“It could be tonight,” they had said to each other so many times already. This was not the first day full of possible signs that their baby was coming. But after a full day of contracting on and off, by the time they were heading to bed for the night a pattern of ten minutes or less in between waves had finally settled in, and they smiled at each other as they said the familiar words with increased confidence. “It could be tonight!”
Sean was somewhat in disbelief as the waves became closer, moving from eight minutes to five to three minutes apart. He and Danielle had gotten their hopes up so many other nights over the past week that he wasn’t sure he should give in to raised expectations just yet.
Danielle took her time packing her hospital bag, leaning over the bed during contractions and slowly easing herself upright again to reach for a shirt, a tube of chapstick, or an extra toothbrush to add to the bag. She knew things were picking up, but she wanted to spend as much of her labor at home as she could to build steady momentum before moving to the hospital. She felt calm, peaceful, and excited to meet her baby.
She only had about three minutes between contractions, now, and they were heading for the door. Just as she slid her foot into her boot, she felt a pop. Her water broke, soaking her foot and boot and the floor. She and Sean looked at each other in shock, laughed at the timing of this occurrence, and she turned around to clean herself up in the bathroom. Round two, she began to put her boots on, and more water gushed onto her foot! She shook her head and resigned herself to having a wet foot as they made their way out the door.
Not long after arriving at the hospital, Danielle began feeling like she had almost no break in between contractions. She struggled to focus and to relax as she felt herself being pummeled by wave after wave. The nurses asked her so many questions; sometimes she couldn’t answer because she felt as if she was spinning in the waves. “I felt like I was swimming and swimming, and I needed air, but then I had to keep swimming. And I don’t even really like swimming!” She said later as she recalled her first few hours in the hospital.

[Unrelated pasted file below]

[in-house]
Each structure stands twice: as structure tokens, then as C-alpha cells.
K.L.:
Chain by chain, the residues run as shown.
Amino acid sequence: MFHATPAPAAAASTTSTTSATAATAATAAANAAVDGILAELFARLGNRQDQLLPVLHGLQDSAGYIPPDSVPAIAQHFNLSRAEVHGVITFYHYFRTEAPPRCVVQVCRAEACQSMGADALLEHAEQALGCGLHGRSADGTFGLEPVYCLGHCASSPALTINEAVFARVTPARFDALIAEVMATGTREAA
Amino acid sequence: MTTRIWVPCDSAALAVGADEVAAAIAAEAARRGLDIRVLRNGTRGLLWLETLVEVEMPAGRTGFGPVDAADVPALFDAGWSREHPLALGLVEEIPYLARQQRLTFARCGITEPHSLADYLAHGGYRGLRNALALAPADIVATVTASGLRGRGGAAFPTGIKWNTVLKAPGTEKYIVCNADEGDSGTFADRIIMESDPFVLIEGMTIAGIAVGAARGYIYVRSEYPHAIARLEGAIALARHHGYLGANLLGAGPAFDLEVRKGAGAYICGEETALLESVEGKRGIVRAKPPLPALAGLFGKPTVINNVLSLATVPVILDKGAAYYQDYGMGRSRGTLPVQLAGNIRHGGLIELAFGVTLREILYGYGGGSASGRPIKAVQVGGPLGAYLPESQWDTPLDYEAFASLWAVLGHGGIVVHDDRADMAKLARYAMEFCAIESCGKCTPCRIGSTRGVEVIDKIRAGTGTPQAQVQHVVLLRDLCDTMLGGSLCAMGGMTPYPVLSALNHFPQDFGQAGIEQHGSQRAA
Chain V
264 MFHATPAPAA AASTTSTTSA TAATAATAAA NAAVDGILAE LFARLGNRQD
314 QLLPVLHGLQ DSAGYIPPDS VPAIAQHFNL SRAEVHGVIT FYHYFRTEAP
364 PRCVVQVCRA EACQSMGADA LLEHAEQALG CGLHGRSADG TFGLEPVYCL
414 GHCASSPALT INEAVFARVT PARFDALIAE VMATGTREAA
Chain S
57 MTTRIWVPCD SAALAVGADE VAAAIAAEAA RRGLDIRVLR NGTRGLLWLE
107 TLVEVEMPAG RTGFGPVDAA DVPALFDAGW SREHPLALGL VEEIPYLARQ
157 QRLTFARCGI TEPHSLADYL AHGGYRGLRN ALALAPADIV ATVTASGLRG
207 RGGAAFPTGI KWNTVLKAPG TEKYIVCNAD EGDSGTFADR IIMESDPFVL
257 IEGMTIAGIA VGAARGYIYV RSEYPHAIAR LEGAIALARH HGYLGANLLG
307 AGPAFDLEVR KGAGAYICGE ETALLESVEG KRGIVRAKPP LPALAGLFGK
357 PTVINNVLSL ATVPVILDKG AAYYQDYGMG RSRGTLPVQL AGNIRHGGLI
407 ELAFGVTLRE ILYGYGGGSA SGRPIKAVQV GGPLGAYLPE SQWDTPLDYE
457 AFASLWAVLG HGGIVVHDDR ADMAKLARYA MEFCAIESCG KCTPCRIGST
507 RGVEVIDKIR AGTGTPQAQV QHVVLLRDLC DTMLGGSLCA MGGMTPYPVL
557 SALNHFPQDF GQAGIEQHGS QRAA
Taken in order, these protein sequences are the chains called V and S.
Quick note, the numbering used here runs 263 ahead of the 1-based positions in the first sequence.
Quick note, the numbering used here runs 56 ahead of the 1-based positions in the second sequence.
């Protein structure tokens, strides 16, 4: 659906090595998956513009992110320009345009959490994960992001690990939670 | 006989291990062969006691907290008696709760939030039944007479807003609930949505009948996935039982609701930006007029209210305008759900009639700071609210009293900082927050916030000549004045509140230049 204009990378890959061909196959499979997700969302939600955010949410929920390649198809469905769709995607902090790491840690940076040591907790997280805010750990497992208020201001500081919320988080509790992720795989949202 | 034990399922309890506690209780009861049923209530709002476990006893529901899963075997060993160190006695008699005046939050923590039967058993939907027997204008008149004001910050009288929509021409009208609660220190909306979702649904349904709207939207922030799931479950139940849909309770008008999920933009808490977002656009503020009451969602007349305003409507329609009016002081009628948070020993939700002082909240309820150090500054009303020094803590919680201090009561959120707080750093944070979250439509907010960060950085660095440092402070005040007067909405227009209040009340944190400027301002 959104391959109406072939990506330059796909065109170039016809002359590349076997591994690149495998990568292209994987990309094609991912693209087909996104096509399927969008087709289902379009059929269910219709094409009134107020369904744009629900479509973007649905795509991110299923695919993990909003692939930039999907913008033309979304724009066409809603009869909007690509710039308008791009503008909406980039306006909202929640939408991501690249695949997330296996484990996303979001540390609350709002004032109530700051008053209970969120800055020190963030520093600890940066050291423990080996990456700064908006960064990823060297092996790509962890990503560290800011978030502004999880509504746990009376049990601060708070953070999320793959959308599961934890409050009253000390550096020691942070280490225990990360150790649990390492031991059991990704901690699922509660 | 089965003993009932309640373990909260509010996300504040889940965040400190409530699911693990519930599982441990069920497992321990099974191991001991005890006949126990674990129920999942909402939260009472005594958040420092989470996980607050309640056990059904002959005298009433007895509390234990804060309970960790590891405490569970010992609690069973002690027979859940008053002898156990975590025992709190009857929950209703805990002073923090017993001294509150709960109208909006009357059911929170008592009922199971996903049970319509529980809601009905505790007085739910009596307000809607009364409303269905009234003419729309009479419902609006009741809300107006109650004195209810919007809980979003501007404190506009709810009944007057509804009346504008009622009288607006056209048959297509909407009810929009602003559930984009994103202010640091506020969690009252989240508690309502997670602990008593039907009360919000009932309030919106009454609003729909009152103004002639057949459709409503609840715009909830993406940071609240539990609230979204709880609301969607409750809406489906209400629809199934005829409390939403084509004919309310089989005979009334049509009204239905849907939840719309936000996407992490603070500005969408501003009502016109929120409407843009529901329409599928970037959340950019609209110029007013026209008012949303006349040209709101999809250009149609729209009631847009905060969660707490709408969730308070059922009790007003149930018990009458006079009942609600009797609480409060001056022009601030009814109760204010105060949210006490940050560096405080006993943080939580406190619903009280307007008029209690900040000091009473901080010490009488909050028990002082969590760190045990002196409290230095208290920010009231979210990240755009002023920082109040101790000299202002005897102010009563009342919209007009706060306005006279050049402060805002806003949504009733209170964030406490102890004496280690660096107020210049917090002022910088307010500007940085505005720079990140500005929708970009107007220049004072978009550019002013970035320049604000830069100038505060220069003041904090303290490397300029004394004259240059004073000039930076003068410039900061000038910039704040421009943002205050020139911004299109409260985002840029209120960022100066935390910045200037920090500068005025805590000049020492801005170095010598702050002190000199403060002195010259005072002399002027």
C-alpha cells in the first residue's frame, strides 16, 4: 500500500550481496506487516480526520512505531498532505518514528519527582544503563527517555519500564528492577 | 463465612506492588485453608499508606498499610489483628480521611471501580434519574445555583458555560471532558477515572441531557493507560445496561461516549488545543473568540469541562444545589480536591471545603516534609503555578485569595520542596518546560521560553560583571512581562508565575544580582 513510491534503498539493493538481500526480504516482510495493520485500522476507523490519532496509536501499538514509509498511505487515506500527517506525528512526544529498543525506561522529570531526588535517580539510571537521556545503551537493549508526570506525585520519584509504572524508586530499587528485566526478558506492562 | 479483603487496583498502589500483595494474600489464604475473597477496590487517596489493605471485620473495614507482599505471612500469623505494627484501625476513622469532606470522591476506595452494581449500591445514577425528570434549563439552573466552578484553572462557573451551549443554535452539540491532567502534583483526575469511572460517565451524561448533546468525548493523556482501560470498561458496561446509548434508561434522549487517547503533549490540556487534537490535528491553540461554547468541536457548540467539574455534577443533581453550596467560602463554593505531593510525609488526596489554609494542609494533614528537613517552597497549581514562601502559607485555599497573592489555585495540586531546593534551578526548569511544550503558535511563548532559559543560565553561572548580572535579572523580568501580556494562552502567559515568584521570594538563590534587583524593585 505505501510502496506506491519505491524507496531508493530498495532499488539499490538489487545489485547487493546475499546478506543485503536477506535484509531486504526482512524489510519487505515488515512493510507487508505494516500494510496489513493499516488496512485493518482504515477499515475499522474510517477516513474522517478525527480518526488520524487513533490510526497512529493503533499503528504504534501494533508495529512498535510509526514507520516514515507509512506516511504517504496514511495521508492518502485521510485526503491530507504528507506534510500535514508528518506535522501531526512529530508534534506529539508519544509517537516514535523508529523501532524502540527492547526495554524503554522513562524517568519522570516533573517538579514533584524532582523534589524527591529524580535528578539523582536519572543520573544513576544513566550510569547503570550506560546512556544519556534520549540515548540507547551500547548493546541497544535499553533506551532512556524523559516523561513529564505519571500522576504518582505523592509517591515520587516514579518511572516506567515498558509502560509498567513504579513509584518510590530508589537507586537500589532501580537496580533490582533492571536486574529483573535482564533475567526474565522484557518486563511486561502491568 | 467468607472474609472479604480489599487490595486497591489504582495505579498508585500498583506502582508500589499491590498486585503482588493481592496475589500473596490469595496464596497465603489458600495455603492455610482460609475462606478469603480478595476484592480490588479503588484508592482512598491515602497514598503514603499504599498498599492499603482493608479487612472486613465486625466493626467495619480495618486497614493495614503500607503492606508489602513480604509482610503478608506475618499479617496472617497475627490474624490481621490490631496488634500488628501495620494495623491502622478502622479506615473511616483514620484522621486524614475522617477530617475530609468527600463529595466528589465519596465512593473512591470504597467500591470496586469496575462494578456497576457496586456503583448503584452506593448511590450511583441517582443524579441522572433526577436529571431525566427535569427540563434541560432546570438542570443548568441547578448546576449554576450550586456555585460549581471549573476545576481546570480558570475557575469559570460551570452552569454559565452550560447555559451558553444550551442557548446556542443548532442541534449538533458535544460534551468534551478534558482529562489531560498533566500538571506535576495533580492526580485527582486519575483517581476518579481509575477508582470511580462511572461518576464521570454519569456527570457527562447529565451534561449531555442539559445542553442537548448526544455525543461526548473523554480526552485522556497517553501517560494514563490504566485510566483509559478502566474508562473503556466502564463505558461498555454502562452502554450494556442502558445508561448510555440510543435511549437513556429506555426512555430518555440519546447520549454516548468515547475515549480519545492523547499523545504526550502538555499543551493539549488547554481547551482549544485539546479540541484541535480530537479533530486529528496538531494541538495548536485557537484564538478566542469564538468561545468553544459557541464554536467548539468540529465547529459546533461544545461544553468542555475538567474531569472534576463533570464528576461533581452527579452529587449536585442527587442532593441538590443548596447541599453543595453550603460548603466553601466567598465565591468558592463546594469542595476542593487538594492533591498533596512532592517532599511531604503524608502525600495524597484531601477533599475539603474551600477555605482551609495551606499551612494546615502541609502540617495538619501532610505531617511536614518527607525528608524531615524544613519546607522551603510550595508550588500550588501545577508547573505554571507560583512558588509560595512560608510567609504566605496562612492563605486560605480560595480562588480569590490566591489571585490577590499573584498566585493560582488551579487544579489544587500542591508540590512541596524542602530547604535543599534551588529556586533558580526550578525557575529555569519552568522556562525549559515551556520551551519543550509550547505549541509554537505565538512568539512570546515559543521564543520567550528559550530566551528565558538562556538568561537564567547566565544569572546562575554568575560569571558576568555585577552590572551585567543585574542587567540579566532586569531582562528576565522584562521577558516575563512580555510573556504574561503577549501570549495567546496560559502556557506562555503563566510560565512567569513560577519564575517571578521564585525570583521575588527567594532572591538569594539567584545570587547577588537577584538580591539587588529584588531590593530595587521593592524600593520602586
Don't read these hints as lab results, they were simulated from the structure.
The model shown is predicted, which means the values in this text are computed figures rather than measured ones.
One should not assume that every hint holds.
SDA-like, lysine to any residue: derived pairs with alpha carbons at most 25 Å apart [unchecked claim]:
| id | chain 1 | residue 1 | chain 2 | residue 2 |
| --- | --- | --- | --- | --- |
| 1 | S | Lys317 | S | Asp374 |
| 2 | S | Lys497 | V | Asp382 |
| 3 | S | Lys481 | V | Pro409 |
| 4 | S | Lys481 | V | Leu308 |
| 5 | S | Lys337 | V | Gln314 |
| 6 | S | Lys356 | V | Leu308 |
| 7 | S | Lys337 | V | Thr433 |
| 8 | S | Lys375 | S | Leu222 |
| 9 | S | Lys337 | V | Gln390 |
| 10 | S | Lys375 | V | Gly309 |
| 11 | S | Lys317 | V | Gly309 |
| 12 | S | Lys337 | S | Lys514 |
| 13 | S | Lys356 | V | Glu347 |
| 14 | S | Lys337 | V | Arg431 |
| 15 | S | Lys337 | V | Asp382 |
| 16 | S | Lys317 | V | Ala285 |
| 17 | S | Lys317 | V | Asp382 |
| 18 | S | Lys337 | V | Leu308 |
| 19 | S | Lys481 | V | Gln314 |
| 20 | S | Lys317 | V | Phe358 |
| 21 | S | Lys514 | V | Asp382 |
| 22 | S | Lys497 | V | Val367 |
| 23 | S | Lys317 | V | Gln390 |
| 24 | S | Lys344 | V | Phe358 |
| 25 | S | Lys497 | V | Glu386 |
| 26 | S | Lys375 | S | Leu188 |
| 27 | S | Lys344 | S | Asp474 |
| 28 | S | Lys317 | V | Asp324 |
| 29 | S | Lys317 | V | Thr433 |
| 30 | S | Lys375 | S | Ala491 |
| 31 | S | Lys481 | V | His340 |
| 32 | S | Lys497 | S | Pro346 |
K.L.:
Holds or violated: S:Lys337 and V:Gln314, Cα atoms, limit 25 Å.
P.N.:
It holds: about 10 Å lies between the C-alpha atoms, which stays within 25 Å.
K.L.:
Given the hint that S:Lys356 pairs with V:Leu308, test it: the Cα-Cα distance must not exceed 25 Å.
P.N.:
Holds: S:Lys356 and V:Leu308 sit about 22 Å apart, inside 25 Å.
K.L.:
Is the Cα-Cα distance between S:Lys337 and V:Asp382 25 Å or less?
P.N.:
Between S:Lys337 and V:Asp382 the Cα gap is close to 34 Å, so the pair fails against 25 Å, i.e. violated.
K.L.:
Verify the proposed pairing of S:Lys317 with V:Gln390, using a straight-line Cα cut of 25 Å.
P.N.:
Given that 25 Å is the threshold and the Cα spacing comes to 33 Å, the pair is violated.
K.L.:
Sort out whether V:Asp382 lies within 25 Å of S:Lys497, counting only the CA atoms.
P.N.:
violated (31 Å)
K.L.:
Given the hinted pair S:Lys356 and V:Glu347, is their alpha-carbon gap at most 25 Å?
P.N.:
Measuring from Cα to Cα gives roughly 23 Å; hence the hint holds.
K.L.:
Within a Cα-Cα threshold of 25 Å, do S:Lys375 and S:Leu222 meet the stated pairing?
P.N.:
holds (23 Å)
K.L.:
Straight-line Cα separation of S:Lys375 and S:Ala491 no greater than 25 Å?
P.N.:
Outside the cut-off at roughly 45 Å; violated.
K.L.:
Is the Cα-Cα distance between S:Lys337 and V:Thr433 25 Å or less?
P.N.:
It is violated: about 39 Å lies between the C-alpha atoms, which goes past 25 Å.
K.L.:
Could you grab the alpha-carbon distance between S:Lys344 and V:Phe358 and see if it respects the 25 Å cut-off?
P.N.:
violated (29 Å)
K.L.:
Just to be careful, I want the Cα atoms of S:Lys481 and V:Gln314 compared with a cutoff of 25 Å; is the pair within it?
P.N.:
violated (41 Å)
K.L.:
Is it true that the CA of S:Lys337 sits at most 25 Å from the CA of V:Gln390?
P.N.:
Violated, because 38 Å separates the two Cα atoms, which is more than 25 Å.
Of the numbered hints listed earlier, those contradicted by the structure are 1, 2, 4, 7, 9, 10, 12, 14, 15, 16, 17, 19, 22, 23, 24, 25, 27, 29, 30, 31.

In the brief moments between contractions, she agreed to attempt many different comfort measures that Sean and I could provide for her, but if anything involved touching her then as soon as a contraction began to overtake her she would simply say, “No” or “Not this one,” and shrug away our hands, which really meant, “Not any of them.” We tried letting her lean on each of us, forward or backward, which only brought a fraction of the relief she needed, and not for very long. “The bathtub helped as much as it hurt,” she described later. The warm water allowed her to relax, but it also intensified her labor, which she could only handle for a little while before needing another change. The only thing that consistently helped was a folded, disposable Chux pad full of hot water. She hugged that pad to her belly as if her life depended on it for hours in between letting me refresh the heat for her. At one point I think she even referred to it as her “little friend.”
As much as every moment felt like such a struggle, she also felt like time was passing absurdly quickly. “Every time I looked at the clock it was one or two hours later!”
But the passing of time wasn’t enough. Her contractions had been about two minutes apart for more than four hours, and despite outwardly appearing to be in control and relaxed during each one, inwardly, she was fighting for every breath and was exhausted. “At one point I even forgot I was pregnant. I know that sounds crazy, but that’s how much I couldn’t think about anything but the pain!” When she hit that point, she realized she needed more relief than we were able to help her find so that she could return her focus to the most important thing at hand: meeting her baby. Danielle kept saying between contractions, “I’m just so tired, and I can’t get on top of this. And then I’ll have to breastfeed, and take care of a baby. And I’m too tired for that.” She needed rest, and she was unbelievably wise to be able to weigh that consideration in the midst of nearly non-stop contractions. She decided to get an epidural, and was so confident in her decision that she didn’t even want to know how dilated she was before receiving the medication.